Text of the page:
What role does “voice listening” play in the marketing equation? With so much misinformation, smartphone “conspiracy theories” brings up real concern, including the privacy of personal information and the effect that marketing has on the behaviors of vulnerable demographics. Here are answers to three of the most important questions about voice listening.
Smartphones and other mobile devices are used by consumers for convenience, connection, and leisure. In turn, these devices have become essential tools for marketers to deliver the most relevant ads to the right people. However, consumers and marketers alike are asking the same question: where is all of this information about me, and all consumers, really coming from? As we ponder our privacy, the thought of our devices listening to us pops into our head. It's a hard image to shake, but before we lose too much sleep, there’s more to the story.
Even if we understand the technology, most users generally accept that we are being targeted, and retargeted, based on our online interactions. This might happen when ads appear on our social media feeds and across the web after we’ve visited a company’s website. What is not happening is advertisers listening in on private conversations of consumers. Rather, algorithms use information we’ve made available about ourselves to make reasonable assumptions. Machine learning makes all of our deepest, most complex desires kind of... predictable.
So then, what role does “voice listening” actually take in the marketing equation? With so much misinformation, this smartphone “conspiracy theory” brings up real concern, including the privacy of personal information and the effect that marketing has on the behaviors of vulnerable demographics. Here are answers to three of the most important questions about voice listening:
How Does “Voice Listening” Work?
We can now use our voices to command a myriad of gadgets—from home devices to smartphones—via their built-in smart assistants like Siri or Google Assistant. These devices have an always-on, always-listening nature. However, until they hear a very specific “audio trigger,” they remain dormant. These “audio triggers,” like “Hey Siri” or “Alexa,” act as wake words for your device. So while the device is always on, it will only start recording when these specific words or phrases are heard. If a trigger is not heard, voice recordings are only stored as local, temporary data on our devices.
Are “Voice Recordings” Being Used as Data?
The most successful agencies and brands don’t guess who their consumers are - they follow the data. This information, in part, comes from tracking how consumers use our phones to engage with apps.
Facebook, Google, and other companies have stated they do not use voice listening targeting. Instead, other methods allow them to determine consumer’s locations, friend groups, and interests. There are many ways companies can determine all of this through location sharing tools, apps that store time-stamped location data, weather app check-ins, map direction searches, photo tagging, geotargeting, and more.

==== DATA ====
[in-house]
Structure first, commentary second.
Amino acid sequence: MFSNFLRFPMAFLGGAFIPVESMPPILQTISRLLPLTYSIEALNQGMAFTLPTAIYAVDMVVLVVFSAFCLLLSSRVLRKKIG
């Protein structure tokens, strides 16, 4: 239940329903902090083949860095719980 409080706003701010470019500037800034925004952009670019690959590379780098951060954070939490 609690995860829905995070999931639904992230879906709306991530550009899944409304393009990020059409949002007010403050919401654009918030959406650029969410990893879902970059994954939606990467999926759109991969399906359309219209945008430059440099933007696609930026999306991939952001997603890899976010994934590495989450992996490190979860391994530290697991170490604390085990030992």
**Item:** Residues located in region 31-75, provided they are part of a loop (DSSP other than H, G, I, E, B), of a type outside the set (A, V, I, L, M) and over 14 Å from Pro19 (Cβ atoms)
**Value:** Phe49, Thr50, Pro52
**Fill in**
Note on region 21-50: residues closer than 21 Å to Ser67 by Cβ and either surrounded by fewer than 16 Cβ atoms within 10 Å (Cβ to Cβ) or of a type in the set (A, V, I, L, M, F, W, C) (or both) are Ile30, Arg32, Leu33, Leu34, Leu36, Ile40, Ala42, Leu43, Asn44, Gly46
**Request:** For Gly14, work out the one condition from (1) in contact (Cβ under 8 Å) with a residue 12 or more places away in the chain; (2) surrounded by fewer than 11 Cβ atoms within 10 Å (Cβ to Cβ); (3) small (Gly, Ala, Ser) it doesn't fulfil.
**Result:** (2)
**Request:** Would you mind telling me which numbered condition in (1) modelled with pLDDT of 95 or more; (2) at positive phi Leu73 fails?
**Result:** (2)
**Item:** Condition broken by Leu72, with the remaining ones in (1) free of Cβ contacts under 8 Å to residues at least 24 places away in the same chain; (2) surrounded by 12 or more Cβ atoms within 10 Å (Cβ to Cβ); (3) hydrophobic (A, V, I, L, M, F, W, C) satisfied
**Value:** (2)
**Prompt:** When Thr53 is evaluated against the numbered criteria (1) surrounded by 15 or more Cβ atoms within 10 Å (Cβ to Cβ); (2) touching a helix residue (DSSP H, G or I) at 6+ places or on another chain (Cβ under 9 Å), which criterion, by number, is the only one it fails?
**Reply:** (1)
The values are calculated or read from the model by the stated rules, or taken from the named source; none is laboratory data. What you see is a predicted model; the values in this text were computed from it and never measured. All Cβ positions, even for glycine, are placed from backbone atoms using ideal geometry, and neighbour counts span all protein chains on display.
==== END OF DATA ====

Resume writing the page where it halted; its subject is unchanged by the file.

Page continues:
As consumers use multiple services from businesses like Google and Facebook, these companies can track audiences across multiple devices, over time, to understand a consumer's attitudes, beliefs, interests, and needs. This data is then leveraged by marketers, and makes it possible to tap into highly targeted, accurate, yet anonymous consumer information. This way, marketers can better understand consumer behaviors, buying habits, and ultimately, increase sales by delivering advertising that is actually relevant to the end user.
How Is My Privacy Being Protected?
Audience targeting is meant to match consumers with the right products and services, not to breach our data or invade our privacy. However, in response to consumer demand, companies and legislators are increasing consumer privacy regulations. In 2020, California implemented new laws, and big tech companies ramped up their privacy regulations. For example, Google did away with third party tracking pixels, Twitter announced a new Privacy Center, and Facebook might be breaking up with Instagram and Whatsapp. And, if we are still concerned about the sharing of voice data, can turn off our phone microphones in apps, disable “Hey Siri,” and remove Facebook permissions for other apps connected to it.
Are our phones really listening to us? Yes, but not how we think. It’s less that personal information is being nefariously harvested and processed by big data at the expense of our privacy and security, and more of “Hey Siri” answering our questions about the weather.
A more likely explanation is that big companies that collect data have a lot of it. They can determine where we are located and what we are interested in—and that can help marketers get to know us better. They know if we are foodies, Boomers, early-adopters, or tech junkies by analyzing how we connect to, and behave on their platforms.
It’s not surprising that there would be coincidences between what consumers browse and click on, and what we talk about when our phones are around. Advertisers are not listening to us. Rather, they are using anonymized data to look for behavior and patterns that can be used for targeted advertising.
At the end of the day, an agency's job is to connect potential buyers with products, services, and events. The best agencies know how to do this in a highly targeted way that users will find valuable and relevant. In fact, the best advertising shouldn't feel like advertising at all. Here at Yes&, we use our digital marketing insights to bring campaigns to life and deliver them to the right people, with the right message, and at the right time along the customer journey. Get in contact with us and see what the power of "&" can do for you.